And now, in the Soviet context, surveillance wasn’t an explicit conversation. That wasn’t what they were talking about, but there was a very strong emphasis on economic management. And so I would say that the OGAS project should be understood as a surveillance project so far as you’re thinking only about economic considerations. And Hannah Arendt once pointed out beautifully, and I think this has relevance for us today, that well…let me see if I can connect this… That what Marx did wrong was he pedestaled the wrong image of the human being.
So, Marx fought for the laborer, the working economic man, the homo economicus. And that was his sort of high points in humanity. But what Arendt would have us do instead is to to vault a different type of person, a political actor, a person with a voice, who can change and bring about reform. And perhaps the problem with the OGAS network in part is that it could only focus on economic matters. And that it didn’t— Although Glushkov and others were very interested in thinking much more broadly about what these technologies could do, the political conditions were such that ideologically it could commit only to economic reform. And that in the end ends up limiting the capacity of these networks.
Surveillance was…except for in the case of one or two small cases, was not a live variable in this history. So there’s very little censorship, most of the actors that I discuss are well‐positioned, ideologically faithful, card‐carrying communists with a lot of access to secret information, and with a lot of power and capacity. And the simple fact is they lived productive, normal lives. And they helped to build—they wanted to build productive, normal lives. And in that sense I think are much [more] similar to us than we would care to admit, usually.
Levine: I’d almost stop there if this were a pithy ending. But I do want to ask you one last question. And you have about three minutes on this one, what I just alluded to. So, lots of technological challenges today, from e‐government to ecommerce. Are there a few lessons you would like policymakers and theorists about what’s going on today take from this history?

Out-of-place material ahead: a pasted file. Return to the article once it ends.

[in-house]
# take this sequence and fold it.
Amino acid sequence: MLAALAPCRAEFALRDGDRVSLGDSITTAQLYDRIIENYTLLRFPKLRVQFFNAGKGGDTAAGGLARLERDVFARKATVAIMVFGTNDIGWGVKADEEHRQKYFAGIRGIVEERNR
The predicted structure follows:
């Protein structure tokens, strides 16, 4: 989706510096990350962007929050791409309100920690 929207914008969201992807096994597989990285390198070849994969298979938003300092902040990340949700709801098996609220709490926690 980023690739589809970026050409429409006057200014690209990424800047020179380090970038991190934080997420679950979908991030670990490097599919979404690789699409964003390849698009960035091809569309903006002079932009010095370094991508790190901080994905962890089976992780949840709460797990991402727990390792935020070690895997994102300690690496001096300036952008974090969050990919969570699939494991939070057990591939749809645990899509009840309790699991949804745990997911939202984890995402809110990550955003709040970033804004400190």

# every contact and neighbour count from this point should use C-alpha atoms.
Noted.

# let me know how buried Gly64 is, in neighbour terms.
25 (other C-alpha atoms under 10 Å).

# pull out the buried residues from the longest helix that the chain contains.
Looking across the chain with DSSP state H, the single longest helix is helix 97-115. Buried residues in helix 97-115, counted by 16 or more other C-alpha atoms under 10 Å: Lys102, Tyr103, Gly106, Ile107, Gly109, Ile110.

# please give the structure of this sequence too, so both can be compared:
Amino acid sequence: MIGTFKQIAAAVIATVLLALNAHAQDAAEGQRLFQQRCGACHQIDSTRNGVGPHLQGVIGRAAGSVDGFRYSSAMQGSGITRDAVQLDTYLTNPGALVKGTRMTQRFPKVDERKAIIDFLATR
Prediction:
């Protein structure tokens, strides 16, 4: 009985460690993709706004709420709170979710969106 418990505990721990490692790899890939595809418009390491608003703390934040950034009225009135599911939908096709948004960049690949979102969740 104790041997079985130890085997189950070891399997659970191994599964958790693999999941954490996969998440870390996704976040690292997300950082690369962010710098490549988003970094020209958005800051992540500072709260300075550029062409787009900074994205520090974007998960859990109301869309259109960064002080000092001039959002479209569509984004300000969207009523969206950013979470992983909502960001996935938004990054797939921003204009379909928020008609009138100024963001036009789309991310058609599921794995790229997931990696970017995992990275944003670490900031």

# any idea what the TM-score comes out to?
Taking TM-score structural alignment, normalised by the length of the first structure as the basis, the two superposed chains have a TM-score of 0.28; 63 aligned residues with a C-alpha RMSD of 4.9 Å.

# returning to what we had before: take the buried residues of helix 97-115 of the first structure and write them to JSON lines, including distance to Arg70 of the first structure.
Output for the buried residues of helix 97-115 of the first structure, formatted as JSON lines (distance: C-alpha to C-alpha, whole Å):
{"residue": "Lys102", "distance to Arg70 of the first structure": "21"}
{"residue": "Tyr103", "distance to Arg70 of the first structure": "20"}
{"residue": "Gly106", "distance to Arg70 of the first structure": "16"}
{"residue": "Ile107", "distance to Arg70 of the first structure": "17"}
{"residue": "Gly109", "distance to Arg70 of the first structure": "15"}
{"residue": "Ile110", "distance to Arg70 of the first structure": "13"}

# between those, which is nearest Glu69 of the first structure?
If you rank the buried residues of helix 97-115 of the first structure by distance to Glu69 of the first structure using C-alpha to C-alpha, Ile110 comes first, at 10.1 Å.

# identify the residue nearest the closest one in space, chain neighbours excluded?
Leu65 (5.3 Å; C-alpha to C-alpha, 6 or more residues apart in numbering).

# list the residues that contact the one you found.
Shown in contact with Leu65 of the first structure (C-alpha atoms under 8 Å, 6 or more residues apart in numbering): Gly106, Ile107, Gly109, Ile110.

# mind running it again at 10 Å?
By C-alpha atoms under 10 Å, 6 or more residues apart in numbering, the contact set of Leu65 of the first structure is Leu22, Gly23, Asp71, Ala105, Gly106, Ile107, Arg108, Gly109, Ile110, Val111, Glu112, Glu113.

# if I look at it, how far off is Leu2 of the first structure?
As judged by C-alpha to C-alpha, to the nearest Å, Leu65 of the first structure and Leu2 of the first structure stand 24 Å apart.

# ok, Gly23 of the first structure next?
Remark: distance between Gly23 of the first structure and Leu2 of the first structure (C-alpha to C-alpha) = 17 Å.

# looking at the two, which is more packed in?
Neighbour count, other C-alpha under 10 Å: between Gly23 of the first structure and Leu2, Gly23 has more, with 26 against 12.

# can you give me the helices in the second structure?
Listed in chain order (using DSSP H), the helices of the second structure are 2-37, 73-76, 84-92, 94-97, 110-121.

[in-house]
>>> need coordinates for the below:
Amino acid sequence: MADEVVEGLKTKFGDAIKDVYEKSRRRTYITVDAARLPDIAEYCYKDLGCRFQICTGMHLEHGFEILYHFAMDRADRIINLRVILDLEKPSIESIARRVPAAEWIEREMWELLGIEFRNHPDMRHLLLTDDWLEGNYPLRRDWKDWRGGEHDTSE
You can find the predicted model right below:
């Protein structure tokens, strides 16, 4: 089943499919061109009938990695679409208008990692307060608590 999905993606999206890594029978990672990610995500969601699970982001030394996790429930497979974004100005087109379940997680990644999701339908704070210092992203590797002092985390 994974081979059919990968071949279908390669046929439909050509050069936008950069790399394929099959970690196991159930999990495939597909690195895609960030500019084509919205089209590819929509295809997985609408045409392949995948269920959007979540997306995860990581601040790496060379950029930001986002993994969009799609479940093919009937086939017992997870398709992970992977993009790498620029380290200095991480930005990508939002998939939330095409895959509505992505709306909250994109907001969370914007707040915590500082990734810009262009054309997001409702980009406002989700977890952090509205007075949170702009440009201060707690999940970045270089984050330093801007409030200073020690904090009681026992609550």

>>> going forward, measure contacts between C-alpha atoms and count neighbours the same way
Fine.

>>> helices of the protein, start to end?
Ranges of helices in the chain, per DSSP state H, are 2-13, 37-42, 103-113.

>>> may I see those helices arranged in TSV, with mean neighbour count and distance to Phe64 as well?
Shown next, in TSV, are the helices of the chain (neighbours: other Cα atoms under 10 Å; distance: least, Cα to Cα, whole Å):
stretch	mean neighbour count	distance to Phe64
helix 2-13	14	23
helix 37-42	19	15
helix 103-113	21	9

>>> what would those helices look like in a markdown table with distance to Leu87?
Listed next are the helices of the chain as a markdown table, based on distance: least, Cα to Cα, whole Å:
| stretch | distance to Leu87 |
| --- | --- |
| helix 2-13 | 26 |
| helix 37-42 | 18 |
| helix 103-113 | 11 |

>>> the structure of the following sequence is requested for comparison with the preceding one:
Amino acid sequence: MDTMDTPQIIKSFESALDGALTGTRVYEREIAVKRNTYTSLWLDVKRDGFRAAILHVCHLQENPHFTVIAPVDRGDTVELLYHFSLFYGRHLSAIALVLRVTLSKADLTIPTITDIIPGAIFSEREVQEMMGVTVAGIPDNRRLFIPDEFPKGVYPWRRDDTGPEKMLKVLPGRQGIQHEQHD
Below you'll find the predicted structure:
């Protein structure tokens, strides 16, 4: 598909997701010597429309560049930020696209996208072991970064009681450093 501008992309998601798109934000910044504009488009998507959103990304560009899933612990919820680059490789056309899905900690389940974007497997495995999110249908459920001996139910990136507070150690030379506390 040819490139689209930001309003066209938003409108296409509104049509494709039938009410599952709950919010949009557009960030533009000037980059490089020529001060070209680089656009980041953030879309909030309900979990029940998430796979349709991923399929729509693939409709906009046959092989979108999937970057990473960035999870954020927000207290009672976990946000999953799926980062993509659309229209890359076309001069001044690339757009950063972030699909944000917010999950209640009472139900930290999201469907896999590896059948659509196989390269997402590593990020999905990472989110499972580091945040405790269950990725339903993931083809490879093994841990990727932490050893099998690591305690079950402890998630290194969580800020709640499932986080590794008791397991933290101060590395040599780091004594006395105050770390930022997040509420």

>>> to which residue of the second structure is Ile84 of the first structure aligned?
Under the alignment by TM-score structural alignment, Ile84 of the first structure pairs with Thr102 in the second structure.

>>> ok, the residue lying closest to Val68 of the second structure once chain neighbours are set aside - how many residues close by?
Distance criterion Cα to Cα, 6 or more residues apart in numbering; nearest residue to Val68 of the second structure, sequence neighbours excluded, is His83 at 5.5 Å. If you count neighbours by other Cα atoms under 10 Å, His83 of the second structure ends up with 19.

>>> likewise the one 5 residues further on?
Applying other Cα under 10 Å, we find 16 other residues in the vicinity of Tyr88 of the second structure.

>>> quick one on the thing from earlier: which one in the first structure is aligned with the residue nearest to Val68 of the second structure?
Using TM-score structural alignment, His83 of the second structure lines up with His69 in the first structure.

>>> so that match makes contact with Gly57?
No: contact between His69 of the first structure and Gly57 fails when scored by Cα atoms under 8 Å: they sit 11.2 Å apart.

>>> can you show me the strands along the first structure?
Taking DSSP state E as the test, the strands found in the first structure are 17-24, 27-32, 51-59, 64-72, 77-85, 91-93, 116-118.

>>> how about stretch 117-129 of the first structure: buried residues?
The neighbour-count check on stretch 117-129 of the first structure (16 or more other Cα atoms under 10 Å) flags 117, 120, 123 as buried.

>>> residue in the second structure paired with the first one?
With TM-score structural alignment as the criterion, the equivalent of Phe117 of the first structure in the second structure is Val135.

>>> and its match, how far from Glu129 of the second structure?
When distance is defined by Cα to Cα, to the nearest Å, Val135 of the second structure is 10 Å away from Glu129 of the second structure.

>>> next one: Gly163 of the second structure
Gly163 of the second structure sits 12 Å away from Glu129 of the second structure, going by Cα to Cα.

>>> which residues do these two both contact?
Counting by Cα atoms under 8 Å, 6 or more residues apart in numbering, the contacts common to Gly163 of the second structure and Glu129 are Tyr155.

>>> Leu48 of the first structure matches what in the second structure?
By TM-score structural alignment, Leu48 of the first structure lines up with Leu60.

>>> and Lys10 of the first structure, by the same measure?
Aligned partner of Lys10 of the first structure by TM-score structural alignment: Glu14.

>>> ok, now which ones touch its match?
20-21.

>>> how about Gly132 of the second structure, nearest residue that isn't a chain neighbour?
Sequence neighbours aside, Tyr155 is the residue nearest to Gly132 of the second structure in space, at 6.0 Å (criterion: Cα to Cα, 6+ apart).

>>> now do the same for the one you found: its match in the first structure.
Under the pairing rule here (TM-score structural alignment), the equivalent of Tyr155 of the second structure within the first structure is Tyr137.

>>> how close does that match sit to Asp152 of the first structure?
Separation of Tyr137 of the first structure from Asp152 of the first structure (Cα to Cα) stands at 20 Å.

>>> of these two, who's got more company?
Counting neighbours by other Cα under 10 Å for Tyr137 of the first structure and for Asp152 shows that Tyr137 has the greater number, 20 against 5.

Peters: Absolutely. So, I think the history is also a call for virtuous and limited governance, which is that it recognizes that infrastructural innovation in a modern networked world has already always involved mixed economies where collaboration is central. And I know that’s a big, general, maybe obvious insight to many, but it’s an important one, I think.
And also to help us get over the old, kind of narcissistic difference between corporations and states, when in fact their behaviors are often so very common. There’s ways in which the USSR command economy should be understood, I think, as the world’s largest corporation in some of its behavior. And I’d be glad to say more about that later.
And it just helps, I think, for us to refresh and take a new look at some of the hidden ideological biases that we inherit from a Cold War divide between private markets and public states. And instead helps pivot and I hope prompt us to think more carefully about the promise of public action in the face of overwhelming private power, which the private power here is occupied equally by Soviet states, by the NSA, by Google, by whatever large information organization you’d want to target.
Levine: Well, I’ll tell you what, Benjamin. I want, particularly as we are in the full silly season and it’s been a scary season in our presidential campaigns, I want you to take one more minute and draw out a little bit more the idea of this public action ability to impact private entities and behavior. And then we will close.
Peters: Okay. Alright. And, much more to say. Thank you so much for your time. I think I’ll just say this. Right now, we’re experiencing kind of the Europeanization of American politics, right. So we’ve got dropped Drump—sorry, Trump—kind of the right wing incoherent nationalist. And on the other side we’ve got Sanders, a left wing Socialist Democrat. And while they appear so opposed, and while our Facebook feeds are ever driving those differences, I just want to propose in light of this book that what they’re proposing is in many ways an old problem. And it’s an old divide that gets the debate wrong, in that whether you cede power to a state or to free market acquisition, you’re missing the real opportunity, which is I think to start building a higher social, political, maybe even moral order, where collaboration is prized, and incentives and innovations are distributed across many actors and fields. And that provides no solutions, I admit. But it, if nothing else, helps us refresh a very old conversation.
Levine: Benjamin Peters, Professor at University of Tulsa, author of the book How Not to Network a Nation: The Uneasy History of the Soviet Internet. Fascinating book, incredibly useful, and I really enjoyed reading it.
Like I said, I do invite you back on the show. We’re going to have to talk separately about when, because there’s just so much here to dive into, but for now I will simply say thank you for joining us today on Hearsay Culture and bringing this terrific and insightful story to my listeners.
Peters: Thank you, Dave. Looking forward.
Announcement post for this episode at the Hearsay Culture web site.